Archive for April, 2013

Gen Y’s to become Gen D (Generation Diabetes)

April 30, 2013

Generation Y, Echo Boomers or Millenniums
Born: 1977-1994

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A new national diabetes assessment released in 2012 reinforces a legacy of pandemic proportions being left for future generations – with one in three of today’s Gen Ys joining the ranks of ‘Generation D’ (Generation Diabetes) during their lifetime.

This report has prompted Australia’s leading research and consumer advocacy groups to join forces and demand urgent and renewed focus on this significant challenge to the Nation’s health and economy.  As an immediate priority re-commitment to the development of a formal national action plan in keeping with the United Nations Resolution no. 61/225 on diabetes is being demanded – a strategic plan which recommends countries review and strengthen critical activities to contain the growth and burden of the disease.  “Time is of the essence because unlike other developed nations, despite agreeing with these global recommendations, Australia has failed to take comprehensive action and implement change,” notes Lewis Kaplan, Chief Executive Officer, Diabetes Australia.

Diabetes: the silent pandemic and its impact on Australia, launched in Canberra today, is the latest comprehensive assessment of the disease’s rapid growth and its impact on Australians. Researched and written by Baker IDI Heart & Diabetes Institute in partnership with Diabetes Australia, the Juvenile Diabetes Research Foundation and Novo Nordisk – the report provides a sobering reminder that in just over a decade (by 2025), our fastest growing chronic disease, (type 2 diabetes) will triple in prevalence and affect three million Australians. A tragic prediction, especially given that type 2 diabetes is potentially preventable in a substantial proportion of people.

In addition to this dramatic growth in type 2 diabetes, the report highlights a continuing rise in the occurrence of type 1 diabetes – particularly in very young children (aged 0-4). 1   In contrast to type 2 diabetes, type 1 is unpreventable and the cause for the rise is worryingly, unknown.

Prevalence of type 1 diabetes in Australia is one of the highest in the world and is increasing by approximately three per cent annually.  The result is significantly more young children and their families are burdened with a lifelong incurable disease, requiring effective and consistent self-management to control the condition; typically multiple daily insulin injections.1    

Diabetes is an even greater issue for the Indigenous population who are three times more likely to have diabetes compared to non-Indigenous Australians.

Lead author of the report, Associate Professor Jonathan Shaw, Associate Director – Clinical Diabetes and Epidemiology, Baker IDI Heart & Diabetes Institute states: “Our future path with diabetes is very concerning.  What is critical now is for us to take urgent responsibility and act firmly and fast to contain the significant burden our younger generations and children are set to endure.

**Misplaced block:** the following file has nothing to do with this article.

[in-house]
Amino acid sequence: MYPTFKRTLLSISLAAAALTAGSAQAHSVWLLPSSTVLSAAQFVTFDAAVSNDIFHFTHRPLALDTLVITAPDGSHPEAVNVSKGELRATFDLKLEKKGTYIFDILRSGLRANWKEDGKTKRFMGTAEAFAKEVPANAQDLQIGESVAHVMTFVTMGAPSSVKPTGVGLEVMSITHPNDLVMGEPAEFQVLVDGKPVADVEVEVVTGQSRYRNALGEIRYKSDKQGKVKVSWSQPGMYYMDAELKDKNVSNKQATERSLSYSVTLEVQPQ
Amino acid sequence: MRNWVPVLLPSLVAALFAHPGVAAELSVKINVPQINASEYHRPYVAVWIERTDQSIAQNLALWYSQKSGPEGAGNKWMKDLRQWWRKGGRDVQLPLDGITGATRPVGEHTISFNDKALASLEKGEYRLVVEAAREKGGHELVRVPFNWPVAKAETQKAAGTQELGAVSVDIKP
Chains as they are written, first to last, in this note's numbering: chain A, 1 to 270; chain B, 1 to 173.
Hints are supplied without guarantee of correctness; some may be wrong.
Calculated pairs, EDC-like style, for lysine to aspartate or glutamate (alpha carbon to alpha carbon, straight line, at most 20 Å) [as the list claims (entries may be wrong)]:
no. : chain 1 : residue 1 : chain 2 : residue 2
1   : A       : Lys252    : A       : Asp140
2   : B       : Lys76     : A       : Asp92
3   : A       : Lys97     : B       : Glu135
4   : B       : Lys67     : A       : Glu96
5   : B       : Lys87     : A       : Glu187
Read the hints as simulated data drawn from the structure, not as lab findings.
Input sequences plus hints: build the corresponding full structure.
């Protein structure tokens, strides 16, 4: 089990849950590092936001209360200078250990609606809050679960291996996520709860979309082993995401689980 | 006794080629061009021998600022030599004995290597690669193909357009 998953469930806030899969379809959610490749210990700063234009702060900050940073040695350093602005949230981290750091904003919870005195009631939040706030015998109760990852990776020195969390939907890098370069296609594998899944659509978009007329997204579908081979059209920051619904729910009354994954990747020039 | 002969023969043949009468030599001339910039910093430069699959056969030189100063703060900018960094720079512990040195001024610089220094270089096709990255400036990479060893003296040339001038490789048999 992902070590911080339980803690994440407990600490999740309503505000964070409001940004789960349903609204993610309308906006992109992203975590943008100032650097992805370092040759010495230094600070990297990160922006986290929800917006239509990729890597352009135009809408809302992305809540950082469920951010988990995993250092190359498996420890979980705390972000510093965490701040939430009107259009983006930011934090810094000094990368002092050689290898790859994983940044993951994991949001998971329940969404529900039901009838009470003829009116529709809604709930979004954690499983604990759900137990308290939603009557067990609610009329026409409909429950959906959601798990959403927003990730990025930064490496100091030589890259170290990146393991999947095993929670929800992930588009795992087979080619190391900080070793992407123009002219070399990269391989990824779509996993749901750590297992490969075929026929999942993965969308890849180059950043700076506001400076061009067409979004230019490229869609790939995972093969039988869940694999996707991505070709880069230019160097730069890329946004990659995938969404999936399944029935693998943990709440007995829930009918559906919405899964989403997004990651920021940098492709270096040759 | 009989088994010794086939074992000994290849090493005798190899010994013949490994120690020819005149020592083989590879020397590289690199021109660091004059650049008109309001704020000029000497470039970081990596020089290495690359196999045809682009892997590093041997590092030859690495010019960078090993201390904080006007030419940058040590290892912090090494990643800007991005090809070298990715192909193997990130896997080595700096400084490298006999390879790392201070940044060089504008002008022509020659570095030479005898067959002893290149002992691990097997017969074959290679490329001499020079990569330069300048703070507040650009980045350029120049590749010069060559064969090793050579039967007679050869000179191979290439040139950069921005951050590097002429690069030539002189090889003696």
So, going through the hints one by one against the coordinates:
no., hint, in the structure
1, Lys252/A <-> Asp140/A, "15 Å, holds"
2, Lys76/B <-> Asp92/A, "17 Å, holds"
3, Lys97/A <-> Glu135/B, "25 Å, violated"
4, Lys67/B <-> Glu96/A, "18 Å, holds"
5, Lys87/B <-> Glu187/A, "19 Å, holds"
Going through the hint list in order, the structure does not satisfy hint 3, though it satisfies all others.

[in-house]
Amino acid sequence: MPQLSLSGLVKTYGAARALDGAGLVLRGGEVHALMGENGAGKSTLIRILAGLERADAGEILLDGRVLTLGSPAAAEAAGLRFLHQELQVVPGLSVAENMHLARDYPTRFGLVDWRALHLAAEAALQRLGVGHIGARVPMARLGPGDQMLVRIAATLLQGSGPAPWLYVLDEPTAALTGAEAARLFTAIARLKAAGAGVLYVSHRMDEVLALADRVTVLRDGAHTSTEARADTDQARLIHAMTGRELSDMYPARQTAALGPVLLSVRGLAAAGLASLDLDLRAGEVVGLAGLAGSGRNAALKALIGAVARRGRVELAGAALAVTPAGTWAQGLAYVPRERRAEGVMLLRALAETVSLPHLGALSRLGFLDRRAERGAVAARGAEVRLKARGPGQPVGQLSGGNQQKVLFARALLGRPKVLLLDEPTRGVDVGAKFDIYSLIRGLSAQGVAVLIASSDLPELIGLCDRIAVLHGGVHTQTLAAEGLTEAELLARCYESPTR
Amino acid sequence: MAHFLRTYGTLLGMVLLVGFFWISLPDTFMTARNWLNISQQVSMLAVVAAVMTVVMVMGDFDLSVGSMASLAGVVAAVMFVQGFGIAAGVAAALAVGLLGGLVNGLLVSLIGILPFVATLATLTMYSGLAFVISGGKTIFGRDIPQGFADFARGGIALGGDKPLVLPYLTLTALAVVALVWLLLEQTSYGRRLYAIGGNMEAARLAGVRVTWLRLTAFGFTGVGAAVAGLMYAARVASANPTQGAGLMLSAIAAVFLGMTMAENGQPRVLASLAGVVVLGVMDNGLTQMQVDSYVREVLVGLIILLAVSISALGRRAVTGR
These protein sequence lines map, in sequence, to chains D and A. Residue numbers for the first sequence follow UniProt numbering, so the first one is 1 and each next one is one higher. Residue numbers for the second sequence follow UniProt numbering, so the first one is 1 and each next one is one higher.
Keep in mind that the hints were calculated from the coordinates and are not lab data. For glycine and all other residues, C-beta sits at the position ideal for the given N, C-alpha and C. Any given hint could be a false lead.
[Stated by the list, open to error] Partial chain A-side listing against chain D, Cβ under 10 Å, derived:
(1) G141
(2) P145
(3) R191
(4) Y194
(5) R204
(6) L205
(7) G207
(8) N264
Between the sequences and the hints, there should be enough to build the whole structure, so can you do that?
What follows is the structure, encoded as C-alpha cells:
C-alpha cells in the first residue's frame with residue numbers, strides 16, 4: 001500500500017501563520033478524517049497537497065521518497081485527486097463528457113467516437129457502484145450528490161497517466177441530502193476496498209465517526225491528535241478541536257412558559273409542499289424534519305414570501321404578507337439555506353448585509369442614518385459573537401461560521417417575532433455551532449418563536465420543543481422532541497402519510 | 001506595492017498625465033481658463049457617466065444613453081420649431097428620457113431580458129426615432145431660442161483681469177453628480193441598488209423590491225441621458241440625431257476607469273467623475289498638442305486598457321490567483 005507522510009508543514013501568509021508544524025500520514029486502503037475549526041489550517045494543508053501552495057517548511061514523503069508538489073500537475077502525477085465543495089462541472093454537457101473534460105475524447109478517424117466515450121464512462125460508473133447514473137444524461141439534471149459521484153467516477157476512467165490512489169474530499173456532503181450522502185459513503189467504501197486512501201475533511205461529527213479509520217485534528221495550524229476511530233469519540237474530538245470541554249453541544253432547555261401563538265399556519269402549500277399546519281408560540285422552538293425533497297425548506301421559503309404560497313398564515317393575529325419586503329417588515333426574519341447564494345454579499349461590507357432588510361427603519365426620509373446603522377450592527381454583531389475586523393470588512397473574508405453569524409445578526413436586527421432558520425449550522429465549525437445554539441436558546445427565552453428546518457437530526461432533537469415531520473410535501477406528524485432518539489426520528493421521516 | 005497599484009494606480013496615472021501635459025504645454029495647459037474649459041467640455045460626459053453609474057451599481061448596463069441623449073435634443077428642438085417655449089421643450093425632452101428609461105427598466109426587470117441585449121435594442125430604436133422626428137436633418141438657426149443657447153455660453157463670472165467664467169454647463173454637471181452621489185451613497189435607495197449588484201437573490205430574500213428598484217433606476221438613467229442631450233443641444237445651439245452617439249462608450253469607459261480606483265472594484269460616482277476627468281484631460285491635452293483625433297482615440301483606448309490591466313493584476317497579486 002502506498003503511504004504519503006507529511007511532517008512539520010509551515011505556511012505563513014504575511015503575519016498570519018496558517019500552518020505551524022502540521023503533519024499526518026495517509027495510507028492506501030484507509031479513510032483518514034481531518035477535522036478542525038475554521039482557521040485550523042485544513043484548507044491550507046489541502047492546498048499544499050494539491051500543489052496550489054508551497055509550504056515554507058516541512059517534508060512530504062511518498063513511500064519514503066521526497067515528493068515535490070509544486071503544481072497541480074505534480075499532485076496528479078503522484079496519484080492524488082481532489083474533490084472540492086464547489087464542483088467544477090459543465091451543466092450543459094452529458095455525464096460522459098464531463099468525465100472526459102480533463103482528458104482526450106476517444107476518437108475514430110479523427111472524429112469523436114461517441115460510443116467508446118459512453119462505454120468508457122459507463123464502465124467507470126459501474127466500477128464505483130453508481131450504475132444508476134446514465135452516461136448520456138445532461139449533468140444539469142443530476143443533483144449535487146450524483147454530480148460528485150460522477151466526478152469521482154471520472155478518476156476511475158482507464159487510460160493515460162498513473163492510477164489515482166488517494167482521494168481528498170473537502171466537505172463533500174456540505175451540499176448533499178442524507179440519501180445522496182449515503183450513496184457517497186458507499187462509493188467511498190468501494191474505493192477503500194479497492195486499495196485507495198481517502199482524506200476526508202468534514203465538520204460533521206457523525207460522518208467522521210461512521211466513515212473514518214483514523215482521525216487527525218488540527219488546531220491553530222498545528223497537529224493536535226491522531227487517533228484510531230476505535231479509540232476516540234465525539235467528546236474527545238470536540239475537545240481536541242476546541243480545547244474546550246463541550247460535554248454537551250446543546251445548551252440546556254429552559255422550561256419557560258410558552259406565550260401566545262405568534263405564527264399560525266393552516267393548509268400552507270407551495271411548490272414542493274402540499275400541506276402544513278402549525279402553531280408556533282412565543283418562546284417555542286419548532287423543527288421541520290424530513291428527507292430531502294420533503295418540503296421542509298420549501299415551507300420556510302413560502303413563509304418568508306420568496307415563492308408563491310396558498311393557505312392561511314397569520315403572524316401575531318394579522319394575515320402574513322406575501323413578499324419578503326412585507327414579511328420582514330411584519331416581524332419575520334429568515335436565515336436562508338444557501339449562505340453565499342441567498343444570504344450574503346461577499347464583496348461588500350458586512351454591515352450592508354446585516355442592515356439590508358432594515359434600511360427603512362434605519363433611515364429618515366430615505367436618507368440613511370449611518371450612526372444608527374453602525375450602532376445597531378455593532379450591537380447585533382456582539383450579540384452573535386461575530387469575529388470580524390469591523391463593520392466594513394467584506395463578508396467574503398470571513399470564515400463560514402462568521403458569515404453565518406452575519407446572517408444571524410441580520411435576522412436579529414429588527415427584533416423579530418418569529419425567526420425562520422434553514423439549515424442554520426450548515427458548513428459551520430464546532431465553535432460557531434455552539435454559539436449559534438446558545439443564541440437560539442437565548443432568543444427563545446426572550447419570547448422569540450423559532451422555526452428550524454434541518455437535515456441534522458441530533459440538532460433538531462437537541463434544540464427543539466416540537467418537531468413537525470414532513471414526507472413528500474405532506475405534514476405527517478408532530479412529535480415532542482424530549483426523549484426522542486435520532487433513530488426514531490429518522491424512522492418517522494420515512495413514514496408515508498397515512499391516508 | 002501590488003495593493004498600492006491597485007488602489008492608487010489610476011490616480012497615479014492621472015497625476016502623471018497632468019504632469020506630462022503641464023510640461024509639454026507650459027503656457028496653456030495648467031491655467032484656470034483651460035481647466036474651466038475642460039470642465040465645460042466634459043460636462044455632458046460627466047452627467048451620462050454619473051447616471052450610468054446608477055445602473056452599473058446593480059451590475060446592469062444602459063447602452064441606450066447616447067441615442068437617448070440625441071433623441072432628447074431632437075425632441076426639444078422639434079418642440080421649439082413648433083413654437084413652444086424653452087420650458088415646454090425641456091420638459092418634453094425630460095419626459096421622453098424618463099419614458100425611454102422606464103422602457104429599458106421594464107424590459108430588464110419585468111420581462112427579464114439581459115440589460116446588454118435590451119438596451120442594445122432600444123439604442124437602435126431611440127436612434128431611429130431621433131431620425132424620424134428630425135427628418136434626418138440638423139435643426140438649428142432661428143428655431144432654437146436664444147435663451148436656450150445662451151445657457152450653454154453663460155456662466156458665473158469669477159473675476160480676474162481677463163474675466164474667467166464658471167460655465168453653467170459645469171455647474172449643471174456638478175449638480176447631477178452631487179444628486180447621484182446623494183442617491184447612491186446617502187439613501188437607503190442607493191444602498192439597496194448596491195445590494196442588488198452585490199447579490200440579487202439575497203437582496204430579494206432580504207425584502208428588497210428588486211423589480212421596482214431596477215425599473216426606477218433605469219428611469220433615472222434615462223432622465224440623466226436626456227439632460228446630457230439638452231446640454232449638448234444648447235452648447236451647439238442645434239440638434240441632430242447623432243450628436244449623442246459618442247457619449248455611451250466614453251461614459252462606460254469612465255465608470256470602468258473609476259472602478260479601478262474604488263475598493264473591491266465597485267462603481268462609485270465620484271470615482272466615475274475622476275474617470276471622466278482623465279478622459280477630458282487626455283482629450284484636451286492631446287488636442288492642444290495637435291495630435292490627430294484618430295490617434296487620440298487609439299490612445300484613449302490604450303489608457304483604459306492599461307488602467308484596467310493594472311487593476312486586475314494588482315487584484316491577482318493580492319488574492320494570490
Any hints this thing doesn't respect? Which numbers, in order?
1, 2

“The battle against diabetes requires concerted efforts on a number of fronts – strategies to slow down the rapidly rising number of those developing the disease and ensuring those living with diabetes are able to manage this insidious condition effectively.  We must also do everything we can to fully understand diabetes via research,” he adds.

According to the Changing Diabetes Map, which displays data on people diagnosed with diabetes in different regional areas, currently half of people with diabetes are unable to bring their blood glucose down to target levels, significantly increasing their risk of complications. Commenting on this, Lewis Kaplan, Chief Executive Officer, Diabetes Australia, says: “We need sustained, nationally consistent programs to prevent, detect and manage diabetes in Australia.  While there have been many plans and strategies designed over the years, the truth is we have failed in implementing and evaluating them properly – leaving us on the brink of disaster.

“The opportunity cost of doing little to stem this pandemic situation is apparent to many  – but not adequately to those who need to take hard and firm policy decisions to create healthier schools, homes, hospitals and work places,” adds Mr Kaplan.

Mike Wilson, Chief Executive Officer, Juvenile Diabetes Research Foundation comments the burden on very young children and their families is of significant concern.  “Collaborative efforts are needed to speed up research to find a cure.  Partnerships across business, government and not-for-profits are essential to this, as well as enabling those who live with diabetes to be part of enacting change for a healthier future.”

The report highlights four priority areas:-

  • Focused, timely and integrated action – to ensure national diabetes strategies are reviewed and strengthened to reflect Australian commitments to the United Nations Resolution on diabetes.
  • Changes in policy, legislation and attitudes – to provide an environment where healthy lifestyle choices can and will be made.
  • Access to and availability of information, technologies and proven treatments for every person with diabetes, irrespective of their socio-economic background.
  • Collaborative efforts that ensure research remains at the forefront of effort to find a cure.